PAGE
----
Melvin Goldsmith

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  1. Melvin Goldsmith

    The importance of varnish

  2. Melvin Goldsmith

    The importance of varnish

    It was all about the look for a quick sale . They didn't care any more about the longevity than Fender or Gibson did when they used what was available at the time. Strad and co were just an accident of fate who got lucky for our modern preferences by a complicated historic trail
  3. Melvin Goldsmith

    The importance of varnish

    My goal these days which I think you will understand is not to make a nice sounding instrument. The goal is to make an instrument that allows a very skilled player to make the sound they want.
  4. Melvin Goldsmith

    The importance of varnish

    Yes! Exactly....Thank you Nathan.
  5. Melvin Goldsmith

    The importance of varnish

    Dilworths summation is nonsense
  6. Melvin Goldsmith

    The importance of varnish

    I doubt we are talking on the same level and the rest
  7. Melvin Goldsmith

    The importance of varnish

    Yes. I want the string to sound before you even think you touched it and you...well not actually you... but a great player to have that to form their pallete
  8. Melvin Goldsmith

    The importance of varnish

    I wan't my violins to sound as harsh as possible
  9. Melvin Goldsmith

    Instrument finishes...the missing link?

    The missing link is experience. Just the same as you can buy an instruction book on surfing if you've not done 10,000 hours on the waves you are easy routes apart from putting the work in
  10. Melvin Goldsmith

    Boxy, honky nasal sound.

    I also follow this approach and that's mainly for new work but I think it applies to anything that has been taken apart and put back together or even an instrument that has been left without strings on for a while. (By the way Jerry I don't regard you as a Bogie man at all! I have big respect for what you post here and always seek your post out. )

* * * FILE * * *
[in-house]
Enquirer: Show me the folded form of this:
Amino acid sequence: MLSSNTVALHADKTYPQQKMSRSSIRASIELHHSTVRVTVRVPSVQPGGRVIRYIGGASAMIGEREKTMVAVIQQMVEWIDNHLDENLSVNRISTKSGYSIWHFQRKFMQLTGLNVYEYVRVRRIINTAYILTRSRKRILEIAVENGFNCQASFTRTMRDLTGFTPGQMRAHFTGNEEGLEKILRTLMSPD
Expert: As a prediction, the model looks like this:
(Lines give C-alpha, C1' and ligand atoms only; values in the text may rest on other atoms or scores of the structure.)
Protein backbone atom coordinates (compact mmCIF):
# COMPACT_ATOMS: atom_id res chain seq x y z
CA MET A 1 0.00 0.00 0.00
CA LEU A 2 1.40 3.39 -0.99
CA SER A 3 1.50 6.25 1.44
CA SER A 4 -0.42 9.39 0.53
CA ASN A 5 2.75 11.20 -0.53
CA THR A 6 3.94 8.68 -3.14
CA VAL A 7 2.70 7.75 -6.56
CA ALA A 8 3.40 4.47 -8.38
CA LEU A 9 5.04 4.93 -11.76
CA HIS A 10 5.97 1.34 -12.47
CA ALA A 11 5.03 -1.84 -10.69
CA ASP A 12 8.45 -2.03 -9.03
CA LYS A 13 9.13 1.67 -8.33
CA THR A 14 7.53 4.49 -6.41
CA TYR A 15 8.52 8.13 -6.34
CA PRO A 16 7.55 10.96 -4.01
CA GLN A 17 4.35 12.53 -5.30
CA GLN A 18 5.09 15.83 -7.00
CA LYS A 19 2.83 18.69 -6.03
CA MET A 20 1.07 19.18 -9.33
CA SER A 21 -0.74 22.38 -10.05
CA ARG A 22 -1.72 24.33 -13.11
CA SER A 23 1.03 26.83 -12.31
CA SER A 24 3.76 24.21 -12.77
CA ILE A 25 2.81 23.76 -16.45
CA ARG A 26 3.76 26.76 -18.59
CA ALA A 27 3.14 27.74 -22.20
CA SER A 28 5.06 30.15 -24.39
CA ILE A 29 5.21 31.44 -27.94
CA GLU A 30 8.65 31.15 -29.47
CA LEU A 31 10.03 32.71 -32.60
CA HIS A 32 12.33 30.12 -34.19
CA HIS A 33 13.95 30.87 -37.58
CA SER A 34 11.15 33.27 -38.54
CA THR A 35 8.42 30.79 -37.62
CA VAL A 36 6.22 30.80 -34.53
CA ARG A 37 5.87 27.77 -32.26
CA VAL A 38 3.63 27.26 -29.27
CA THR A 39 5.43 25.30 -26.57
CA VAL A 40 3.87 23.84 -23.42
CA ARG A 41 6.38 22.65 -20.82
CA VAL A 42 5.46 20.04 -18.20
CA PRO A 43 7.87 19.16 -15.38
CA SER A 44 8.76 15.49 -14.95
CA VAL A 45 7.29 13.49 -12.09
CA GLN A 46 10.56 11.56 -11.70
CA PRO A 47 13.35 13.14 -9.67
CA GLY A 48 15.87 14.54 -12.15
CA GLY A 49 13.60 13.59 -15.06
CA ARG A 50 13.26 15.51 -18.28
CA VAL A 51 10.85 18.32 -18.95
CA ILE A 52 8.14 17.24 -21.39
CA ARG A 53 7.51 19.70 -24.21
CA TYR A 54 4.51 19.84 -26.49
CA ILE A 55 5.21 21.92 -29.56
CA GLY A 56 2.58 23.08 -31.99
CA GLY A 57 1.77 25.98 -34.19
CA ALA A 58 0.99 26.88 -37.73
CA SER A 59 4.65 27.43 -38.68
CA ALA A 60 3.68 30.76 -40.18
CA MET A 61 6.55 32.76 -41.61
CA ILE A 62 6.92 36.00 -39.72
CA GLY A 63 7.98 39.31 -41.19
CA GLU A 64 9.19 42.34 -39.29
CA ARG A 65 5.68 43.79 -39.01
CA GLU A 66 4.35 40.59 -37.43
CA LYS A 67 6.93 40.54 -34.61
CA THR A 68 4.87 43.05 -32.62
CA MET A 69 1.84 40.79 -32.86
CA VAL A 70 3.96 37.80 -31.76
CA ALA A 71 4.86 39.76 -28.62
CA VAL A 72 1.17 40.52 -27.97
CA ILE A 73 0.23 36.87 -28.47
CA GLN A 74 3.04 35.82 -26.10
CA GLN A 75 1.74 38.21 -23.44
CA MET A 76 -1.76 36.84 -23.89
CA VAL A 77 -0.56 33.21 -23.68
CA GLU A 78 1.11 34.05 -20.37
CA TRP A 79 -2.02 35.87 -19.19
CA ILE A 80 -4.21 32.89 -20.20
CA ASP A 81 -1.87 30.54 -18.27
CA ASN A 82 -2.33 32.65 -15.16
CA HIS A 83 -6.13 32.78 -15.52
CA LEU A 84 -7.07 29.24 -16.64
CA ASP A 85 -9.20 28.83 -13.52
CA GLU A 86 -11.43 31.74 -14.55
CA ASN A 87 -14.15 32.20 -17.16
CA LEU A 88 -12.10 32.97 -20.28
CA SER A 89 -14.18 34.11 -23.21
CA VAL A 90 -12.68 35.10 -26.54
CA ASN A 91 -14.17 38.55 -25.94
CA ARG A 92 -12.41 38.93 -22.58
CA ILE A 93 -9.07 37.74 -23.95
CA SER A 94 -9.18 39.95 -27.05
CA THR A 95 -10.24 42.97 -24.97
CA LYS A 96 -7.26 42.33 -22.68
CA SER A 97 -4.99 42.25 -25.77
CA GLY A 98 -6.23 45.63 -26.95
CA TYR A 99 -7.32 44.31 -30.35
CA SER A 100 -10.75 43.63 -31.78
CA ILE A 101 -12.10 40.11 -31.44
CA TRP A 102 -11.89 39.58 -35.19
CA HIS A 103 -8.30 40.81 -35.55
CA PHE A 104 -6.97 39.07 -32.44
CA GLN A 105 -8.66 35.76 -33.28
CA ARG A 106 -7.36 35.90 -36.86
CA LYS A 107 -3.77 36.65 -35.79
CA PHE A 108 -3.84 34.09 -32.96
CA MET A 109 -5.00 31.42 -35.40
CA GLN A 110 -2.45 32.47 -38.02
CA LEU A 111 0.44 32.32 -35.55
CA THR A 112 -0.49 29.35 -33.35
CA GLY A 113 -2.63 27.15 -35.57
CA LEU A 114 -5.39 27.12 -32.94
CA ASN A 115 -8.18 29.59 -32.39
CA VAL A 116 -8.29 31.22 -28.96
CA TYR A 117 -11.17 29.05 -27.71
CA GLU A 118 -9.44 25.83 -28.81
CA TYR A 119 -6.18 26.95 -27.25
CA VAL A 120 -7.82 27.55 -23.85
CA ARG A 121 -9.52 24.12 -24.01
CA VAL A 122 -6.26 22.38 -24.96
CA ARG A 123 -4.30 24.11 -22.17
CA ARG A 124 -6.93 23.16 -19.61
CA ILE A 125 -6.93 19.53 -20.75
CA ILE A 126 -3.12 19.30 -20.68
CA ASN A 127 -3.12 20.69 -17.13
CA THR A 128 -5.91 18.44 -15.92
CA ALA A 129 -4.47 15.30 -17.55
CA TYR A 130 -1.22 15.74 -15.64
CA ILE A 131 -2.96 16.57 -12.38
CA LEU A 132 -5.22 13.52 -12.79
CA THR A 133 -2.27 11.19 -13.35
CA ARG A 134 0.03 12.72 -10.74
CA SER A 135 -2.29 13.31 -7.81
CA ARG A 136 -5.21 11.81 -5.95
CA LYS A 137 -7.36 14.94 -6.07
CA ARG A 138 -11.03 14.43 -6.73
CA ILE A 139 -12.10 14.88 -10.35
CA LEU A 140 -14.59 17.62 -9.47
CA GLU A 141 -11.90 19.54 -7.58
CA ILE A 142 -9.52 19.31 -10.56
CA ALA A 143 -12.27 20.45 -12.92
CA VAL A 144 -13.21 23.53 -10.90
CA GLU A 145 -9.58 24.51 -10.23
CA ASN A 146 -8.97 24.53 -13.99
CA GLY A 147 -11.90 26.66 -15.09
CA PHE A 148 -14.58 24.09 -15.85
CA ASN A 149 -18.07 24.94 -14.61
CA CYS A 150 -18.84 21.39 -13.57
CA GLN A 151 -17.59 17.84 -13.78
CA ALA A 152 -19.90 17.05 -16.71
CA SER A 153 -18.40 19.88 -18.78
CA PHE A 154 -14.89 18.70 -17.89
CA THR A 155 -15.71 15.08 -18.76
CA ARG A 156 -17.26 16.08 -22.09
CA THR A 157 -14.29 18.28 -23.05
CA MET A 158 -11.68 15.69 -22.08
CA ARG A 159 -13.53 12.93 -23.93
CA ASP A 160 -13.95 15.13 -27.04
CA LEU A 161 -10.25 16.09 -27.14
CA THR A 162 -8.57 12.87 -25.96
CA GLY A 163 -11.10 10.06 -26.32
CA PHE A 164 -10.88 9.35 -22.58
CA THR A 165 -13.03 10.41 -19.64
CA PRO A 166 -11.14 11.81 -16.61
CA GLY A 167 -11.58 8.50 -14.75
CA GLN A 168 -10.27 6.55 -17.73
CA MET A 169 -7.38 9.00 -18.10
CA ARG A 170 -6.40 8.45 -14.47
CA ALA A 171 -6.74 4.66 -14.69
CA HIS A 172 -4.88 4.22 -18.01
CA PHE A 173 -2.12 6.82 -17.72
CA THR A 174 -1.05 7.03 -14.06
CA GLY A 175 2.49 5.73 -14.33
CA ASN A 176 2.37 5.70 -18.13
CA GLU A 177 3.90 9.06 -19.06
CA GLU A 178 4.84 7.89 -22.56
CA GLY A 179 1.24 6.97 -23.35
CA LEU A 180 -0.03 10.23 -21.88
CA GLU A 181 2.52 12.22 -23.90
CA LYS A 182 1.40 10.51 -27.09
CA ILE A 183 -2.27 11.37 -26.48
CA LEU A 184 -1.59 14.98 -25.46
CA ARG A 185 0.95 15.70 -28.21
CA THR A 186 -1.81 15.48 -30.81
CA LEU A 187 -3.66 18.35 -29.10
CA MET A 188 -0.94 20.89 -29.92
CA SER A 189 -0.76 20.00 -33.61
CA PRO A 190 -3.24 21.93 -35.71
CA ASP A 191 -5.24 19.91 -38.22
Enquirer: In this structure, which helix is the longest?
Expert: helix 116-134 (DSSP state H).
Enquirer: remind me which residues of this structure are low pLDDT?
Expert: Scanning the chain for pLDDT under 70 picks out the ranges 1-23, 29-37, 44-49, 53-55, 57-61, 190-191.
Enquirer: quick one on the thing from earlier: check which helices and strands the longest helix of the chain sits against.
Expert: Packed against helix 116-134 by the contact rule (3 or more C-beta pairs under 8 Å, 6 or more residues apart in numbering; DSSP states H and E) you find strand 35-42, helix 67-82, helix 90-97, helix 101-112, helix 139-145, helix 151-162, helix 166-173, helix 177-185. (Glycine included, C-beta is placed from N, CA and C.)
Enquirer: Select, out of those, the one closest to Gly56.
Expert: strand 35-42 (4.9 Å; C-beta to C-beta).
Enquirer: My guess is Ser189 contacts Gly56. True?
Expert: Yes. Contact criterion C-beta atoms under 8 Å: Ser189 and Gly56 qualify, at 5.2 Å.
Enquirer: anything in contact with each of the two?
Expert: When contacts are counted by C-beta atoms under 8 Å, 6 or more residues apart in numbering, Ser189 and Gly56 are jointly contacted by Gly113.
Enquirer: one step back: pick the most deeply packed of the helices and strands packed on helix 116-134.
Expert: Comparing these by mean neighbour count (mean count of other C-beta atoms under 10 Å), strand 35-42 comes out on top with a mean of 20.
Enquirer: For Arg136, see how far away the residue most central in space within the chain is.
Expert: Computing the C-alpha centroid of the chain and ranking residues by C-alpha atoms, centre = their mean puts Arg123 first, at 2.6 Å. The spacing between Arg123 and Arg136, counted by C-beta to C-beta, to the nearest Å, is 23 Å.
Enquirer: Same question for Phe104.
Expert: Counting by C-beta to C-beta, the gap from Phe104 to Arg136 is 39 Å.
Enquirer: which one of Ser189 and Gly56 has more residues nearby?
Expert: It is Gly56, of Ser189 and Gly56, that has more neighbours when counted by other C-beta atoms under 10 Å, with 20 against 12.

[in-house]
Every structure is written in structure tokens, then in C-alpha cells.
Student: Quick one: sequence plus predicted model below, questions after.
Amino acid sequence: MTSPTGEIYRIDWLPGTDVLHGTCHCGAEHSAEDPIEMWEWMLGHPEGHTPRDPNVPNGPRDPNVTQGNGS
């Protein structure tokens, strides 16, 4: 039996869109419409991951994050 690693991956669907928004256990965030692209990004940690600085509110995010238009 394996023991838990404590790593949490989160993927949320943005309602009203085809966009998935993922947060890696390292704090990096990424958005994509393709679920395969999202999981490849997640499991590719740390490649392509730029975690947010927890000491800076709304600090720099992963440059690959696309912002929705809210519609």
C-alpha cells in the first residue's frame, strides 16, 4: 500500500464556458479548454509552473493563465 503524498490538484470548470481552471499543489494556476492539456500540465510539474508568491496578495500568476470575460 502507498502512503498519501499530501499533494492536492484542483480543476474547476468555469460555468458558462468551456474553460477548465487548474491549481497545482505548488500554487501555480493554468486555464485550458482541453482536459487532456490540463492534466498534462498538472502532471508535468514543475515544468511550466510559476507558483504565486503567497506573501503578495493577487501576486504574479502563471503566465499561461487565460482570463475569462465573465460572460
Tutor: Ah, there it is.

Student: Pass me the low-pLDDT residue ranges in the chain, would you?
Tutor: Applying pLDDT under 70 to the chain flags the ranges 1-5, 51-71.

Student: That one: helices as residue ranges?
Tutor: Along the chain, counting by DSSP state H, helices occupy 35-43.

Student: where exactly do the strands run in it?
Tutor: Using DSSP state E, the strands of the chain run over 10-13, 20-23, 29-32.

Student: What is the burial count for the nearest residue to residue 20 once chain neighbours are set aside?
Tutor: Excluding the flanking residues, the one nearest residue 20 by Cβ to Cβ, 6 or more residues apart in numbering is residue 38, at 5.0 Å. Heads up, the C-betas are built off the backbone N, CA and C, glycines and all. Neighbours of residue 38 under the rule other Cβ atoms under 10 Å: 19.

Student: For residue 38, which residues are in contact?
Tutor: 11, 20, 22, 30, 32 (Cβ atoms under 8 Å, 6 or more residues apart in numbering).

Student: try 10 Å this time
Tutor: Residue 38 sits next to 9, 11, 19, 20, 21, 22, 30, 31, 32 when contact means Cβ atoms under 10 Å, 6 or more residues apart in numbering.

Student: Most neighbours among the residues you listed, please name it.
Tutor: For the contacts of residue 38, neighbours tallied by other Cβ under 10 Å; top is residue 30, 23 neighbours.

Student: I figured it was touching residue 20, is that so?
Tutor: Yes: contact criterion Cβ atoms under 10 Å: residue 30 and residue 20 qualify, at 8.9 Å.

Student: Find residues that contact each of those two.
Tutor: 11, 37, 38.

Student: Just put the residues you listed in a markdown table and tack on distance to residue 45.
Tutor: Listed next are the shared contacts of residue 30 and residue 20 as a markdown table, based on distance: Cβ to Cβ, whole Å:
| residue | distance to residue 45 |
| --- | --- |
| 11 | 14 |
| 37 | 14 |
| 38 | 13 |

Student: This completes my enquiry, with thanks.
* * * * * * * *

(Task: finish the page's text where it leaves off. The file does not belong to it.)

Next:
11. Melvin Goldsmith

    Toothed blades

    I use toothed blades and love them! You see them on quite a lot of old Cremonese ribs. They need to be right. A lot of old toothed blades are simply fine toothed for scouring wood prior to gluing veneer and in old wood planes were set at almost scraper angles....these are not for us. The toothed blades on old violin ribs have teeth about 2mm wide with grooves in between. I make these by getting old tungsten blades and running the grooves in with a fresh wheel on an angle grinder in a few seconds and setting them in a normal Baily plane. They will bully down the thickness of difficult ribstock fast and are satisfying to use. I have a set of Norris thumb planes that probably were inspired by the likes of Hill in Victorian times and these come with un toothed fine and course toothed blades. Rasps were popular in the old was the similar concept in planes
  12. Melvin Goldsmith

    Boxy, honky nasal sound.

    if raising the overstand is beneficial how far can it be taken? If higher seems better on violins would 8mm be better? or 12mm? One thing to think about is where the overstand is measured from. I always measure from the purfling upwards because I am often dealing with copying very old worn instruments. In reality I measure from purfling to top of the fingerboard edge on treble and bass sides to get a real picture of what is going on. One thing to keep in consideration is the constants...BUT in reality if the 'Worlds greatest adjuster' decides the overstand is wrong that needs strings off to fix and in reality the whole set-up gets re done and if done commercially well the violin will sound supercharged long enough for the customers cheque to clear
  13. Melvin Goldsmith

    Boxy, honky nasal sound.

  14. Melvin Goldsmith

    Boxy, honky nasal sound.

    I think you are not looking so smart now you try to explain yourself
  15. Melvin Goldsmith

    Tonerite use

    I use Tonerites and get the feeling they might speed up the settling in process of a new violin or a newly restored one that is recently assembled. I don't think there is anything magical going on. One thing that does happen is that the vibrating weight on top of the bridge hammers the post into the belly for a 'perfect fit' if left long enough